Maybe you haven’t followed the on-line feud over whether rightwing columnist Christopher Hitchens’s alleged alcoholism led him to publish on Slate a statement by the influential scholar Juan Cole that Cole believed to be confidential. Cole had made the statement on a confidential listserv called “Gulf 2000.” He felt violated when Hitchens quoted from it, and mused that Hitchens may have done so because he’s an alcoholic.
Whether or not you think Hitchens is an alcoholic (and what I saw of him years ago would support that belief then), it’s great the conversation is happening. It’s probably relevant, to begin with. And it’s Cole’s honest opinion. And it would never appear in the mainstream press. That’s because the print press is so monetized. You get paid so much for issuing opinions in the mainstream press, and they make so much off those opinions, that libel concerns encircle every loaded statement. (Let alone the usual social groupthink questions: Unh, can we really say this??) In the blogosphere it’s about information and true opinion. Hitchens’s friends get to counter the claim or ignore it. There’s a free discussion, closer to what intellectuals are saying to one another on telephones and in bars (sorry!), not a stilted and false one.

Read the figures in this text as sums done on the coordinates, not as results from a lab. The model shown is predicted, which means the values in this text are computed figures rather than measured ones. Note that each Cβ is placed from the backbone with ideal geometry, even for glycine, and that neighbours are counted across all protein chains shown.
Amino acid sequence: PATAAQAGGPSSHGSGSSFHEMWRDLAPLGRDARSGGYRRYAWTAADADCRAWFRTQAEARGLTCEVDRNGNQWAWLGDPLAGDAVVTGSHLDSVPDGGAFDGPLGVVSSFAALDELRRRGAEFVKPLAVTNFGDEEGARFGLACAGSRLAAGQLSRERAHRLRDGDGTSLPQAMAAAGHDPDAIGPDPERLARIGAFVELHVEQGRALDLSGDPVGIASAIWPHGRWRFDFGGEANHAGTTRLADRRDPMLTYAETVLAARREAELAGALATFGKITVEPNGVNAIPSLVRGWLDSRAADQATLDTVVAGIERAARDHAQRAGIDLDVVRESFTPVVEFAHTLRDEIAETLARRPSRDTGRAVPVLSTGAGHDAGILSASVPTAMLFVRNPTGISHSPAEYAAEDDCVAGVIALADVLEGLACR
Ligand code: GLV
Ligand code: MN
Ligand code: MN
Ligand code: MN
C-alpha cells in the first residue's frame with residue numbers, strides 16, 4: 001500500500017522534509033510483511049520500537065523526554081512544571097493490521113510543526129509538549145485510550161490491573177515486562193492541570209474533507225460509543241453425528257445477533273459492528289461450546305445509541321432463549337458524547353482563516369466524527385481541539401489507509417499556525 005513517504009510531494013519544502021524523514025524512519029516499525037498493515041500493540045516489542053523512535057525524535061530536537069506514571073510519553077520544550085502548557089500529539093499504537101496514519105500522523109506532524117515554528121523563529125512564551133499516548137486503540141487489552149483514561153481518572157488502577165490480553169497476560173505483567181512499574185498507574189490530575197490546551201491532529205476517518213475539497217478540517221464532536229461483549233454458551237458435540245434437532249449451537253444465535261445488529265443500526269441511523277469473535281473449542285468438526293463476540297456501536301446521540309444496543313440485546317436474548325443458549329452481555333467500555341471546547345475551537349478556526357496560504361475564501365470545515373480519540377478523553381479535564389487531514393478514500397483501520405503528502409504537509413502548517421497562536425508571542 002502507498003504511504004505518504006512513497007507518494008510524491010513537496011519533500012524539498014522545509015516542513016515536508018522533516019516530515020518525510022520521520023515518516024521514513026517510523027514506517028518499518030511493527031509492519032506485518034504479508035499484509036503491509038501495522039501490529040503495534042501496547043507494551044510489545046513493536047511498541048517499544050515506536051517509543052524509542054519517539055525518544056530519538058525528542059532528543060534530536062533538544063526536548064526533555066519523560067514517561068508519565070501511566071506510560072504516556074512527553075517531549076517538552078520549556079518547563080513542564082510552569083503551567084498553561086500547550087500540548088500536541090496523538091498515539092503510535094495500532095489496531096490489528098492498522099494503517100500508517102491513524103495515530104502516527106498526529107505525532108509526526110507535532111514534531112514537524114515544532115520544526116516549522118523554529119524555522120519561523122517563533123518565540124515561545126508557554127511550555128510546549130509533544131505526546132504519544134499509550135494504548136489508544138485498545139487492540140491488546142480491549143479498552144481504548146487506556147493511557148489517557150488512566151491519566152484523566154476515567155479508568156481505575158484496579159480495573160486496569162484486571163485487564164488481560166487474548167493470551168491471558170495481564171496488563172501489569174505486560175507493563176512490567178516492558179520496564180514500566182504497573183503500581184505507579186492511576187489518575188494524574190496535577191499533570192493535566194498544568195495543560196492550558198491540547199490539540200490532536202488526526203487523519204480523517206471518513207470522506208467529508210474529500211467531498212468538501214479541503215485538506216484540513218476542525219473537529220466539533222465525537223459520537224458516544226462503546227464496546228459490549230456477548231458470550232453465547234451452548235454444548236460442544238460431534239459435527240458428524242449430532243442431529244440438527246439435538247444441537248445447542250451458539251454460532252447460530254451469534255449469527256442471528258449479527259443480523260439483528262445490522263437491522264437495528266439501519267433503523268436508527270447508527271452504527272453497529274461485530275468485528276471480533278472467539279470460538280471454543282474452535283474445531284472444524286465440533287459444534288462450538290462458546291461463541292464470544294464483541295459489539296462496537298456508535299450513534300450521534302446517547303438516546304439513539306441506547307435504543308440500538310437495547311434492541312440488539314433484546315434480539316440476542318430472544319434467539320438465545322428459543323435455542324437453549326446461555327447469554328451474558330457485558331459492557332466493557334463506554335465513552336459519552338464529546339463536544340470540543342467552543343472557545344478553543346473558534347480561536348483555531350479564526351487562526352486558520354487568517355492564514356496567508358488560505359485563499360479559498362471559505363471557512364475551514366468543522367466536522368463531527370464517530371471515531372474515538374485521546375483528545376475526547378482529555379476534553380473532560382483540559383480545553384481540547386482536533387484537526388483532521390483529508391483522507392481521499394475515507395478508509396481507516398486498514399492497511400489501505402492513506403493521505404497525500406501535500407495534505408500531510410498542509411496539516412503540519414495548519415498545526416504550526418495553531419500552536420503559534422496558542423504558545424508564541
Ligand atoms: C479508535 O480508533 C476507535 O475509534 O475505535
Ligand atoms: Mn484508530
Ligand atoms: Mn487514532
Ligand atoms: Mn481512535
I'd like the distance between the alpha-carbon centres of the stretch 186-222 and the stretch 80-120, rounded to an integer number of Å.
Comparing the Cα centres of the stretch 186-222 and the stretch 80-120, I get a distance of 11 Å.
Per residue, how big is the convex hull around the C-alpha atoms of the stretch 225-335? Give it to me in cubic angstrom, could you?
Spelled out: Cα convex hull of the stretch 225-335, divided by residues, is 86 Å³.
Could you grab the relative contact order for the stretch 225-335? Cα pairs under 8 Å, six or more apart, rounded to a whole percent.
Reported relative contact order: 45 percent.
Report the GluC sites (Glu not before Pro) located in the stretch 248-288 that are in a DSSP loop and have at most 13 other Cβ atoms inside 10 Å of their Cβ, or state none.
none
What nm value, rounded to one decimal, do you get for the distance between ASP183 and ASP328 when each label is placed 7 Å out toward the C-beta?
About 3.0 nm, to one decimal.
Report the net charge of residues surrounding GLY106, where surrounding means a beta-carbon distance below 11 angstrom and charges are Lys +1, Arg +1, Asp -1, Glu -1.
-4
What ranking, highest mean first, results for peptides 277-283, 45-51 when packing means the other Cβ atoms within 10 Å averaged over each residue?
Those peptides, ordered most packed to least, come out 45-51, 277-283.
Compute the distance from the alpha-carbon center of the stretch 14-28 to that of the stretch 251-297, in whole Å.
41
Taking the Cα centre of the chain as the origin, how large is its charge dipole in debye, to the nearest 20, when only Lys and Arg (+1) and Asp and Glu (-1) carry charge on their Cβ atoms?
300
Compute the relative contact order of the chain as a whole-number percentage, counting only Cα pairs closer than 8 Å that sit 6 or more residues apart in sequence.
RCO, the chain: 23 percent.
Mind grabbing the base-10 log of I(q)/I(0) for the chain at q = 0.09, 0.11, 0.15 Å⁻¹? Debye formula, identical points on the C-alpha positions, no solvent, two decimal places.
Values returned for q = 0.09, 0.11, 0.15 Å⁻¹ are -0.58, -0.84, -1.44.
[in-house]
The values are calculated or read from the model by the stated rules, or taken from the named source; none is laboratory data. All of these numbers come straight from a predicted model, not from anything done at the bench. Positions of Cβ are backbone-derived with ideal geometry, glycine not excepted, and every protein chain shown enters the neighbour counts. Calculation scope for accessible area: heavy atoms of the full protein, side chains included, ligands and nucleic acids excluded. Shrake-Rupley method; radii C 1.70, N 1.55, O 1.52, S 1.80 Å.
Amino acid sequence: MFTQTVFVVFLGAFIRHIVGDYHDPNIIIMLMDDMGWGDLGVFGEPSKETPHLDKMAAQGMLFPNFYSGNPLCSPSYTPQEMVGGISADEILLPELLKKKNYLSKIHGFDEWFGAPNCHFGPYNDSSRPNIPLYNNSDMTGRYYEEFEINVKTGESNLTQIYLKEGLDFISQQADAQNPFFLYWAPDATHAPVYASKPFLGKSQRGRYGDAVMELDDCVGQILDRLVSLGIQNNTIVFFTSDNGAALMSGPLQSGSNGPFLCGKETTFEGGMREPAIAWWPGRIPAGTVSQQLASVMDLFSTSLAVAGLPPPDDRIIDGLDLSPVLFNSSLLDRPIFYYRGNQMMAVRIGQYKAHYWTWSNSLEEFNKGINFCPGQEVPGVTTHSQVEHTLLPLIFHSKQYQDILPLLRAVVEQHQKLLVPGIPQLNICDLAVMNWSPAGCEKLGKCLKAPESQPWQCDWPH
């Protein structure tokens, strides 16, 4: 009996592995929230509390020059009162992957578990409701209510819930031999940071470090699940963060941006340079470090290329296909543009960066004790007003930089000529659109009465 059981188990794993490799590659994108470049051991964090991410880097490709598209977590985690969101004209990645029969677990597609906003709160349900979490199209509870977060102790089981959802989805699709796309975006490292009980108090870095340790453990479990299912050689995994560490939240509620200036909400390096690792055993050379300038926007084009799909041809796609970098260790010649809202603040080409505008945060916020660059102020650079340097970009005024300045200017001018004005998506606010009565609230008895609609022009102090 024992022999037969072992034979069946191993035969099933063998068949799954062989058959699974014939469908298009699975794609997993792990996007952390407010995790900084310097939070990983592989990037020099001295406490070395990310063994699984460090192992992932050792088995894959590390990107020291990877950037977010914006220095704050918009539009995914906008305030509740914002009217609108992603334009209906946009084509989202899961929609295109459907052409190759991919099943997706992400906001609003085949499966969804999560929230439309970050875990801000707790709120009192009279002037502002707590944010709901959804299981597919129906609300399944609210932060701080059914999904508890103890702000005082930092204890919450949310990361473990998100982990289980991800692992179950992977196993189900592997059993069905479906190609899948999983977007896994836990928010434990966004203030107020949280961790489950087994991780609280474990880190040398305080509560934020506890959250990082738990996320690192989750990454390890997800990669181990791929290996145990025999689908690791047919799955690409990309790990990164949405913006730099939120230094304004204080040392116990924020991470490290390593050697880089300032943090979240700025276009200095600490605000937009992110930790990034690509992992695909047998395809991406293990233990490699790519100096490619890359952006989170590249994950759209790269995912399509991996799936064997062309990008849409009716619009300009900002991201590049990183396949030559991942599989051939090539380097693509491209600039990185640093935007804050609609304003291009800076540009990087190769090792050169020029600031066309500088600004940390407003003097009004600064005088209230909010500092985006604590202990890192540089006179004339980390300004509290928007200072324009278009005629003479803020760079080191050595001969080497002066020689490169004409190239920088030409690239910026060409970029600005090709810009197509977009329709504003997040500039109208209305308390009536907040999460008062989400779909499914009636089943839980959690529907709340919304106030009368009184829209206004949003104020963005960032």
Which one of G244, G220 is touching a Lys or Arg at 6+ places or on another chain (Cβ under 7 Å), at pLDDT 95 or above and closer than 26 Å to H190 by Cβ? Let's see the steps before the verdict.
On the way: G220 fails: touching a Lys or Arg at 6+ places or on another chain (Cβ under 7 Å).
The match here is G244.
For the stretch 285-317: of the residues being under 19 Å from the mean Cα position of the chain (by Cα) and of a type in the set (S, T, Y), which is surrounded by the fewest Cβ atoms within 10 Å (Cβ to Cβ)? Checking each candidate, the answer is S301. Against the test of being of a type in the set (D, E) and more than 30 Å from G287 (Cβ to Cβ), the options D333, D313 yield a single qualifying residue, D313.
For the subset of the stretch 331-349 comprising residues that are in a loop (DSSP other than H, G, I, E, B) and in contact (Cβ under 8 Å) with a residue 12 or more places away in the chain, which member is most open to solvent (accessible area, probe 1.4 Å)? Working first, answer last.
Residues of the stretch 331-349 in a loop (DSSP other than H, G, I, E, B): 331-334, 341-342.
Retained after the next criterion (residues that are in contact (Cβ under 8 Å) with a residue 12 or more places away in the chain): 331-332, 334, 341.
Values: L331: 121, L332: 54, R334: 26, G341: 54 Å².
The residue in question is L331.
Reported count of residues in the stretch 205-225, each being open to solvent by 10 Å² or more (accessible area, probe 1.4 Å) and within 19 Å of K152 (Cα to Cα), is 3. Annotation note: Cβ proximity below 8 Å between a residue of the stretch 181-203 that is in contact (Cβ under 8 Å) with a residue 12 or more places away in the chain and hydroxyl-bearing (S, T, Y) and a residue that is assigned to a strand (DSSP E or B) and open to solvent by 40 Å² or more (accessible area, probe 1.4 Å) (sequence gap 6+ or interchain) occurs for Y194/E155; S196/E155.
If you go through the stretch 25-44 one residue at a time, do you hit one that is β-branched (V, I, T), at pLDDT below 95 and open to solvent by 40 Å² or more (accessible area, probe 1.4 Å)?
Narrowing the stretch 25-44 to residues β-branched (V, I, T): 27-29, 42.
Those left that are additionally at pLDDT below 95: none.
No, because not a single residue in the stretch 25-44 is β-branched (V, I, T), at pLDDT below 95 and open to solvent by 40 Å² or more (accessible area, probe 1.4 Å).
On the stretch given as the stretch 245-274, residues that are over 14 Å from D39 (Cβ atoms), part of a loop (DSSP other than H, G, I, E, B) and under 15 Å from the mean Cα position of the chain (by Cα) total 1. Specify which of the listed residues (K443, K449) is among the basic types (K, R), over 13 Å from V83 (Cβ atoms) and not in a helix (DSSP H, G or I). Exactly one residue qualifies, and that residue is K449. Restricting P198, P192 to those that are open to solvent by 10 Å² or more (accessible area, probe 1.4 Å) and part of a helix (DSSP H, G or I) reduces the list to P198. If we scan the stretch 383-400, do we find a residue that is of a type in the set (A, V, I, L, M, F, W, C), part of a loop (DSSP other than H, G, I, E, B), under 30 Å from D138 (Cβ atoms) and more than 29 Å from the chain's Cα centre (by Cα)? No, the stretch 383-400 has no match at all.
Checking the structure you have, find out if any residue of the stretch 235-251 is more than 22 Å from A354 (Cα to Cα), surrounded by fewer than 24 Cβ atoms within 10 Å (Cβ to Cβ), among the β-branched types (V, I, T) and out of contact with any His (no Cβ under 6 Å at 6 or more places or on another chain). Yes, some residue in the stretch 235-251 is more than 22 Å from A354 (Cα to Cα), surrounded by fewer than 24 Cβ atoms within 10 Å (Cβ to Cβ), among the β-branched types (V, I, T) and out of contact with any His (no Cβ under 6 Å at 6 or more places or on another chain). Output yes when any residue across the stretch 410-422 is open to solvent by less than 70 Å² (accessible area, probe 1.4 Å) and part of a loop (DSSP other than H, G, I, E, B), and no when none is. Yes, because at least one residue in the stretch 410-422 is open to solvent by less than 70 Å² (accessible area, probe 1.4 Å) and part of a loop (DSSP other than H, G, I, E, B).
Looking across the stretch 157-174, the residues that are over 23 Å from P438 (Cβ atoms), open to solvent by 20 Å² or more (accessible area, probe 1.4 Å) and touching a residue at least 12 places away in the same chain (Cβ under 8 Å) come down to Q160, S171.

Though Andrew Sullivan’s claim that his countryman was sober at the time—
doesn’t seem entirely relevant. As Dan Swanson points out to me, the nastiness and self-centeredness of alcoholic behavior doesn’t require having had a drink..
Not that I would come down on Cole’s side here (as I do on his views of the Middle East). Cole is a very important thinker, for good reason; he has great judgment and knowledge. I gather that Hitchens is not in the listserv. If someone in the listserv passed on Cole’s confidential statement to Hitchens, and Hitchens chose to publish it, how different is that, in form, from what the New York Times so nobly did in breaking the story about Bush’s illegal wiretaps? Yes, the leaker violated an oath in giving the journalist info; the journalist shared the leaker’s view that the info was important, and passed it on to his readers.